Site: www.eurekalert.org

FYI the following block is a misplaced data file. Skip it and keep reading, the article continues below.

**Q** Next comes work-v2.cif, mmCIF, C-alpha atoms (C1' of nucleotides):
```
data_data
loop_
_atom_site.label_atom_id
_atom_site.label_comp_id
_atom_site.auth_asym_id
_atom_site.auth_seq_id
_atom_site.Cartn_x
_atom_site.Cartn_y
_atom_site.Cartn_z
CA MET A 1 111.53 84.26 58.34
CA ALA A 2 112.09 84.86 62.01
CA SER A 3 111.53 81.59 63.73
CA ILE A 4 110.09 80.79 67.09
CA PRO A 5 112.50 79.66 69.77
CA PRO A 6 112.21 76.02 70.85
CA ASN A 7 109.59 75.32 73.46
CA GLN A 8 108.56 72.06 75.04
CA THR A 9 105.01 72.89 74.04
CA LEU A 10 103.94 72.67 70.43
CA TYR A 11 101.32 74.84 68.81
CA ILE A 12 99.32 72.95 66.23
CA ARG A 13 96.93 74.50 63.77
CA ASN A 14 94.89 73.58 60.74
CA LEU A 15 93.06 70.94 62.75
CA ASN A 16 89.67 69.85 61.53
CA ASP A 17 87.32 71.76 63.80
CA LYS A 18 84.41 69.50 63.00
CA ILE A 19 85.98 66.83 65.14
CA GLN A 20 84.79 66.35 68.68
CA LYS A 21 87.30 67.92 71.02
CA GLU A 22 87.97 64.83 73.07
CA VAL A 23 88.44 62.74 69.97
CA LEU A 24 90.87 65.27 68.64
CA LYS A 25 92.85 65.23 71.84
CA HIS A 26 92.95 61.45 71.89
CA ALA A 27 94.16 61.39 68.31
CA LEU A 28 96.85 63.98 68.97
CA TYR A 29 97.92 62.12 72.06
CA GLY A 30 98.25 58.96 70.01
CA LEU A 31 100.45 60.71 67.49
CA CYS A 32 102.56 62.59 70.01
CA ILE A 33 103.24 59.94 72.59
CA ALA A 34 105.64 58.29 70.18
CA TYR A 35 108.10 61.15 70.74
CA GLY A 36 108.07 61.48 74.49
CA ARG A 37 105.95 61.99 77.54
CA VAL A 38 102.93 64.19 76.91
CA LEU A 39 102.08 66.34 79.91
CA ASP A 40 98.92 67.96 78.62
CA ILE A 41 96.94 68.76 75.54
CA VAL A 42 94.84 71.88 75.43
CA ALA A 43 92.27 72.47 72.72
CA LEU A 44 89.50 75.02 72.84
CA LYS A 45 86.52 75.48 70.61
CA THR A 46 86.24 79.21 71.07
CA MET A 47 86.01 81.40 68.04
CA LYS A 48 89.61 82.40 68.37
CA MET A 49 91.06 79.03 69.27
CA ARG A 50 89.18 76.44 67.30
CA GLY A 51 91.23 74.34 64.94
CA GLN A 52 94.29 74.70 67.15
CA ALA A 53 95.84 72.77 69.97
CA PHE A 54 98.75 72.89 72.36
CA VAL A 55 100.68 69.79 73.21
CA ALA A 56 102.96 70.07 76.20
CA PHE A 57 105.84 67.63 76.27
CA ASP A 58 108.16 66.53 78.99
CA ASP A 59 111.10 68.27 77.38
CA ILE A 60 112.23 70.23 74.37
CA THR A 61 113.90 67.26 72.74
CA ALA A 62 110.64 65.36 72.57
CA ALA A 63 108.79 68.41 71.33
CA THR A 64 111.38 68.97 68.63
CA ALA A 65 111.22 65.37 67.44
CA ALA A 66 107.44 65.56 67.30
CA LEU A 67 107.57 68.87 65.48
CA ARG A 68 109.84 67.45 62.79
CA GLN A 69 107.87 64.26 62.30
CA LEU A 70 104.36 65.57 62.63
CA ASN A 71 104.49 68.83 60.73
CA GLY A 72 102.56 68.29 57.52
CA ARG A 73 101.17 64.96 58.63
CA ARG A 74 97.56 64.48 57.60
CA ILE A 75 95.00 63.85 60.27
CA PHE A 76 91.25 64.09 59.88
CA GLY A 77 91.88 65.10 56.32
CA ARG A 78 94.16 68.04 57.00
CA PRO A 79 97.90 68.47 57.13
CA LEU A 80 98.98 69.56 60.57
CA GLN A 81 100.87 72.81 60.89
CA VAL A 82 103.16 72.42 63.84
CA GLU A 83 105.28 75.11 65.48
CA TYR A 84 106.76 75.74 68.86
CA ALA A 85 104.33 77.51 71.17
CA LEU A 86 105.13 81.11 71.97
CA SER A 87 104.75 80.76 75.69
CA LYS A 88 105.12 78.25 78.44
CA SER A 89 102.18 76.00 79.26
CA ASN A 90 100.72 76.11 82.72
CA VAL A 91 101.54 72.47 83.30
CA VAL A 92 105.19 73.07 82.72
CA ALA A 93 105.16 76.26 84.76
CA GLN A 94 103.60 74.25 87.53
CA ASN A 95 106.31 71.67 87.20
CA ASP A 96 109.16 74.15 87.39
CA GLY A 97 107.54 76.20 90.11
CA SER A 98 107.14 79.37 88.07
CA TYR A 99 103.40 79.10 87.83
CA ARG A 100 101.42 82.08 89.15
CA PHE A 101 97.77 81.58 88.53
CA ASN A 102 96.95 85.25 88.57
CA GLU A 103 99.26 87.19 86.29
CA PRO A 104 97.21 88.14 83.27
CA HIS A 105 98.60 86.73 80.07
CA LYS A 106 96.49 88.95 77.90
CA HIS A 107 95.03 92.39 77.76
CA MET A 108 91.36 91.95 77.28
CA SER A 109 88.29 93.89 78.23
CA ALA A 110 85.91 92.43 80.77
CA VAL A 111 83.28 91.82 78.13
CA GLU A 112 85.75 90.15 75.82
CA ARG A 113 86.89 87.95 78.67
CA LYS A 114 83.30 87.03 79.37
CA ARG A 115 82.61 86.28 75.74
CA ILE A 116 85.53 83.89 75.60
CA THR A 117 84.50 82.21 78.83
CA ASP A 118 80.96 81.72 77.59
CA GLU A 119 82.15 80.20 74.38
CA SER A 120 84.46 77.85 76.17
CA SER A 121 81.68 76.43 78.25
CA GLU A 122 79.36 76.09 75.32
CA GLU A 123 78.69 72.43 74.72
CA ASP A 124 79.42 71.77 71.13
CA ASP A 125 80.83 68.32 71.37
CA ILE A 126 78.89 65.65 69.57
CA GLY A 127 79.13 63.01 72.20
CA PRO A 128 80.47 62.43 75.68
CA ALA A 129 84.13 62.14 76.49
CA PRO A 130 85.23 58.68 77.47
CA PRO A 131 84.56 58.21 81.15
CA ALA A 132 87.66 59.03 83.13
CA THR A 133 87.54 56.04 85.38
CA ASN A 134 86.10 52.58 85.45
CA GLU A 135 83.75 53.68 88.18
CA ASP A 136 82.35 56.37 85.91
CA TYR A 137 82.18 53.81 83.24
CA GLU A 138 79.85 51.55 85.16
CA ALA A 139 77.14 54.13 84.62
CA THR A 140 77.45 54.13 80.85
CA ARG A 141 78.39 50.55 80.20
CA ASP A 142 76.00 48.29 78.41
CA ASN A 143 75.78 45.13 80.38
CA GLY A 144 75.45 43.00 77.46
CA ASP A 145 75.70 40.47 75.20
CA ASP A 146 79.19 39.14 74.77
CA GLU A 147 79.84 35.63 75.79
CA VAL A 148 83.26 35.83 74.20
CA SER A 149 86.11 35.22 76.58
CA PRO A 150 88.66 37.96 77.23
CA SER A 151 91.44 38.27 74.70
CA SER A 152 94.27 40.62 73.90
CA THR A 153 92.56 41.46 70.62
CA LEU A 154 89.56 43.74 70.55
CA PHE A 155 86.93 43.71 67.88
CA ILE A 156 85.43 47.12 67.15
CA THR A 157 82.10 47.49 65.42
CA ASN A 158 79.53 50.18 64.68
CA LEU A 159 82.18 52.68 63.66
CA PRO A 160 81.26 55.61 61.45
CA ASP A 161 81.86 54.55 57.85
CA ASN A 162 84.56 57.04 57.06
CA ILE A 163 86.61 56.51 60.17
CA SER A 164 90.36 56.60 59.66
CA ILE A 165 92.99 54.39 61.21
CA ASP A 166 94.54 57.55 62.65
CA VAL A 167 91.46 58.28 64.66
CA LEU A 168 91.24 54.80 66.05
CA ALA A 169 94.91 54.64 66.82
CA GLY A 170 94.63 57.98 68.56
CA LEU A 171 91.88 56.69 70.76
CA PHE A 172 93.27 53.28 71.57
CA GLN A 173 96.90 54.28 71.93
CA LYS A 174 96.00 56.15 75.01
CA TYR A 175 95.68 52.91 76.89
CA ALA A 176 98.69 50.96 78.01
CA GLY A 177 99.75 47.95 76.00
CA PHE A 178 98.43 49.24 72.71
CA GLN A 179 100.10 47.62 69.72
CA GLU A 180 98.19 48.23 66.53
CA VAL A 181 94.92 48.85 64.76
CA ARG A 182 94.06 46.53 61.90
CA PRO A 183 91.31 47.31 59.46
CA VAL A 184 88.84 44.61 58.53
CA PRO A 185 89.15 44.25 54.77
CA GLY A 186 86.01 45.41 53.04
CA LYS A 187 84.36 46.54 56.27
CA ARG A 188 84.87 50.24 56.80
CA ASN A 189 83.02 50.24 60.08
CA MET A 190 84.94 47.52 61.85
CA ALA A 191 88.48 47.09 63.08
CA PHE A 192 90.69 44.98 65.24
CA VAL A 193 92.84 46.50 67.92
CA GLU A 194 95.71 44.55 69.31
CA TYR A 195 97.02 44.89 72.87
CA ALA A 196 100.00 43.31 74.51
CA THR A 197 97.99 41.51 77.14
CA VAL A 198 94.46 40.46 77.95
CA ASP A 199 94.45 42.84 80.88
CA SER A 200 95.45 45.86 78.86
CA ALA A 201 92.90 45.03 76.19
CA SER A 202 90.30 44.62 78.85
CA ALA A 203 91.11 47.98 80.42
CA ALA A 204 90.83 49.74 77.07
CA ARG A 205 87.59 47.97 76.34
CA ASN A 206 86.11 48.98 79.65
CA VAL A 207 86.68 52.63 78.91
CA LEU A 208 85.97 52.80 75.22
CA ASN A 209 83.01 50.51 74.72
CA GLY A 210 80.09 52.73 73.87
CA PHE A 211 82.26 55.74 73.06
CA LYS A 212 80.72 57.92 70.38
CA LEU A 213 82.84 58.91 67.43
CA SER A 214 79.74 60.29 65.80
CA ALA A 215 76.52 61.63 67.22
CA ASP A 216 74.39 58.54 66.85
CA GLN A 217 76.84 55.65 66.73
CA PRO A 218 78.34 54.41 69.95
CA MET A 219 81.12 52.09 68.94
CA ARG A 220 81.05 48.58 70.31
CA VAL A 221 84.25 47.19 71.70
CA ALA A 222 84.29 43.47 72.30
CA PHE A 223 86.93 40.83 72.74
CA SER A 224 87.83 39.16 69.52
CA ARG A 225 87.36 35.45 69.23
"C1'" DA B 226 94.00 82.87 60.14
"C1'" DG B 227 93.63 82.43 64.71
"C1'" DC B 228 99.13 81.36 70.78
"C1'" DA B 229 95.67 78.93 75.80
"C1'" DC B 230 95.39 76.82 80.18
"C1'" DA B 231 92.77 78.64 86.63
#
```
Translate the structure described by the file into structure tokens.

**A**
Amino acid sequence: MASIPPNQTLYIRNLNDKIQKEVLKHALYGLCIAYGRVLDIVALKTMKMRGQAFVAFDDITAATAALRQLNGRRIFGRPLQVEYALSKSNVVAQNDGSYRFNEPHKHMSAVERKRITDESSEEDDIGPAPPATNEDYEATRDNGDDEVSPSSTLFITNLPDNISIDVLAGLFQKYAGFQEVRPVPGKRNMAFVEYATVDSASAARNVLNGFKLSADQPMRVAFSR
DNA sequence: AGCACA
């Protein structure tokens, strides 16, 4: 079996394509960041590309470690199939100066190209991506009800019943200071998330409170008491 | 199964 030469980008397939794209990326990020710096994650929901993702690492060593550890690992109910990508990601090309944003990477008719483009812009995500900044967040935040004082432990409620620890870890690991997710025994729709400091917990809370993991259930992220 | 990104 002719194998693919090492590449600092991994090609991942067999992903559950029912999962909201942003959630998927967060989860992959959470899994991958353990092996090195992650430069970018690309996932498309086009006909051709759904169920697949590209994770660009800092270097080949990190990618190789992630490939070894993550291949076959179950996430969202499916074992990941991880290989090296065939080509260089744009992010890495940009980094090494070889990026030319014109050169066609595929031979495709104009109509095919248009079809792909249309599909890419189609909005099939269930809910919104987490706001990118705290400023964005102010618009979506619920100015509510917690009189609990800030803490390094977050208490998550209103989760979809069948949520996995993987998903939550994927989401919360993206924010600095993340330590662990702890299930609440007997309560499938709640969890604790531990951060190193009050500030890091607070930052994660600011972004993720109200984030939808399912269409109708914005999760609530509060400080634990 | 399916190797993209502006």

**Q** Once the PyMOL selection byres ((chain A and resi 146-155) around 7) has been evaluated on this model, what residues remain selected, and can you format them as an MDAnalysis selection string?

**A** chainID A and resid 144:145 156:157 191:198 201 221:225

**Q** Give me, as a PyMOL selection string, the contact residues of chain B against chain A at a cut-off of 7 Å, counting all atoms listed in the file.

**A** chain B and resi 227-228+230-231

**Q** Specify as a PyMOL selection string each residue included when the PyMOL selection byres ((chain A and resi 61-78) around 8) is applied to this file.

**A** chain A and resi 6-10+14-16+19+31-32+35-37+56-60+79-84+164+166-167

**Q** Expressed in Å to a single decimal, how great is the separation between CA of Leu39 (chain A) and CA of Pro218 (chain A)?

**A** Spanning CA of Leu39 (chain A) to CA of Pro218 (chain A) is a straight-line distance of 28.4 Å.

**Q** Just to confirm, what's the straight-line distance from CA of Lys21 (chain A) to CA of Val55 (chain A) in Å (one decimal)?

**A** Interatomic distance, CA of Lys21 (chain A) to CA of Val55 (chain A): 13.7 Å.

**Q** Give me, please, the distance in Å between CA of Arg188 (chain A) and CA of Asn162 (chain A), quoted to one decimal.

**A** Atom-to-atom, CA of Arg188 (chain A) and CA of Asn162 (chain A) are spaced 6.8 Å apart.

PHILADELPHIA - For most vaccines to work the body needs two cell types - B cells and T helper cells - to make antibodies. B cells are the antibody factories and the T helper cells refine the strength and accuracy of antibodies to home and attack their targets. A technique that identifies these helper immune cells could inform future vaccine design, especially for vulnerable populations. Flu vaccines work by priming the immune system with purified proteins from the outer layer of killed flu viruses. An antibody is a protein that recognizes a unique pathogen molecule called an antigen that is specific for a particular strain. Antibodies bind to their targets with precision in the best of circumstances. In doing so, the antibody blocks a harmful microbe from replicating or marks it to be killed by other immune cells. The level of antibodies in the blood tells immunologists how well a vaccine is working, specifically, how many antibodies are made and how strongly they disable microbes. The relatively scarce circulating T follicular helper cells, or cTfh for short, are key to antibody strength. Without Tfh, effective antibodies cannot be made, yet very little is known about cTfh cells in humans after vaccination. Now, a team led by researchers from the Perelman School of Medicine at the University of Pennsylvania has found a way to identify the small population of cTfh present in the blood after an annual flu vaccine to monitor their contribution to antibody strength. They published their findings in Science Immunology this week. The studies, led by Ramin Herati, MD, an instructor of Infectious Disease, used high dimensional immune-cell profiling and specific genomic tests to identify and track these rare cells over time. "The poor understanding of cTfh function is, in part, because these cells spend most of their time waiting in lymph nodes for the next infection, and not circulating in the blood," said senior author E. John Wherry, PhD, a professor of Microbiology and director of the Institute of Immunology at Penn. "To get a handle on how well these cells are doing their job following vaccination, we have needed a way to measure their responses without gaining direct access to lymph nodes. Because of the central role of circulating T follicular helper cells in antibody development, new vaccine development strategies will benefit from a better understanding of the properties of these essential cells in the immune response." Every T cell has a unique receptor on its outer surface. After receiving a vaccine, the result is one T cell with this unique bar code of sorts that replicates, making thousands of clones with identical copies of the same bar code. After vaccination this expansion of T cells dies down and a few clones remain behind. These memory cells wait it out in lymph nodes and other organs for the next time the infection or vaccine enters the body. These clones can then be called into action to protect the individual or help boost the vaccine immunity. In the current study, the team was able to track circulating helper T cells because the unique bar code they possessed is specific to the strains used in an annual flu vaccine. Wherry and colleagues traced antibody production in 12 healthy subjects, aged 20 to 45 for three years from 2013 to 2105. The circulating subset of helper follicular T cells expressed different transcription factors and cytokines -- Bcl-6, c-Maf, and IL-21 - compared to other T-cell subpopulations in the blood. The number of the cTfh cells sharply increased at seven days after a subject received a flu shot. Repeated vaccination of the study participants brought back genetically identical clones of cTfh cells in successive years, indicating robust cTfh memory to the flu vaccine. These responses are a proxy for specific antibodies to the flu vaccine each year. In addition, these results measure the dynamics of vaccine-induced cTfh memory and recall over time, allowing investigators to monitor the key human-vaccine-induced cTfh responses and gain insights into why responses to flu vaccines are suboptimal in many people. The ability to track these cTfh responses in the blood, instead of accessing lymph nodes in humans, allows for real-time monitoring of key cellular mechanisms involved in vaccination. Such knowledge should allow further optimization of vaccines for hard-to-treat diseases like the flu, but also HIV, and other infections in which inducing potent vaccines has been a challenge. "These cTfh are a missing piece of being able to truly monitor and predict their ability to induce the desired magnitude and quality of immune memory, and therefore protection by vaccines," Wherry said. The team next intends to look at elderly populations in which vaccines are not as effective and ask what role cTfh cell populations play in that part of the human population. This research was supported by the National Institutes of Health (AI114852, AG047773, AG028716, AI113047, AI108686, AI112521, AI117950, AI2010085), the Penn Center for AIDS Research (P30 AI045008), and the U.S. Broad Agency Announcement (HHSN272201100018C). E. John Wherry is a member of the Parker Institute for Cancer Immunotherapy, which supports the Penn Cancer Immunotherapy Program. Penn Medicine is one of the world's leading academic medical centers, dedicated to the related missions of medical education, biomedical research, and excellence in patient care. Penn Medicine consists of the Raymond and Ruth Perelman School of Medicine at the University of Pennsylvania (founded in 1765 as the nation's first medical school) and the University of Pennsylvania Health System, which together form a $5.3 billion enterprise. The Perelman School of Medicine has been ranked among the top five medical schools in the United States for the past 18 years, according to U.S. News & World Report's survey of research-oriented medical schools. The School is consistently among the nation's top recipients of funding from the National Institutes of Health, with $373 million awarded in the 2015 fiscal year. The University of Pennsylvania Health System's patient care facilities include: The Hospital of the University of Pennsylvania and Penn Presbyterian Medical Center -- which are recognized as one of the nation's top "Honor Roll" hospitals by U.S. News & World Report -- Chester County Hospital; Lancaster General Health; Penn Wissahickon Hospice; and Pennsylvania Hospital -- the nation's first hospital, founded in 1751. Additional affiliated inpatient care facilities and services throughout the Philadelphia region include Chestnut Hill Hospital and Good Shepherd Penn Partners, a partnership between Good Shepherd Rehabilitation Network and Penn Medicine. Penn Medicine is committed to improving lives and health through a variety of community-based programs and activities. In fiscal year 2015, Penn Medicine provided $253.3 million to benefit our community.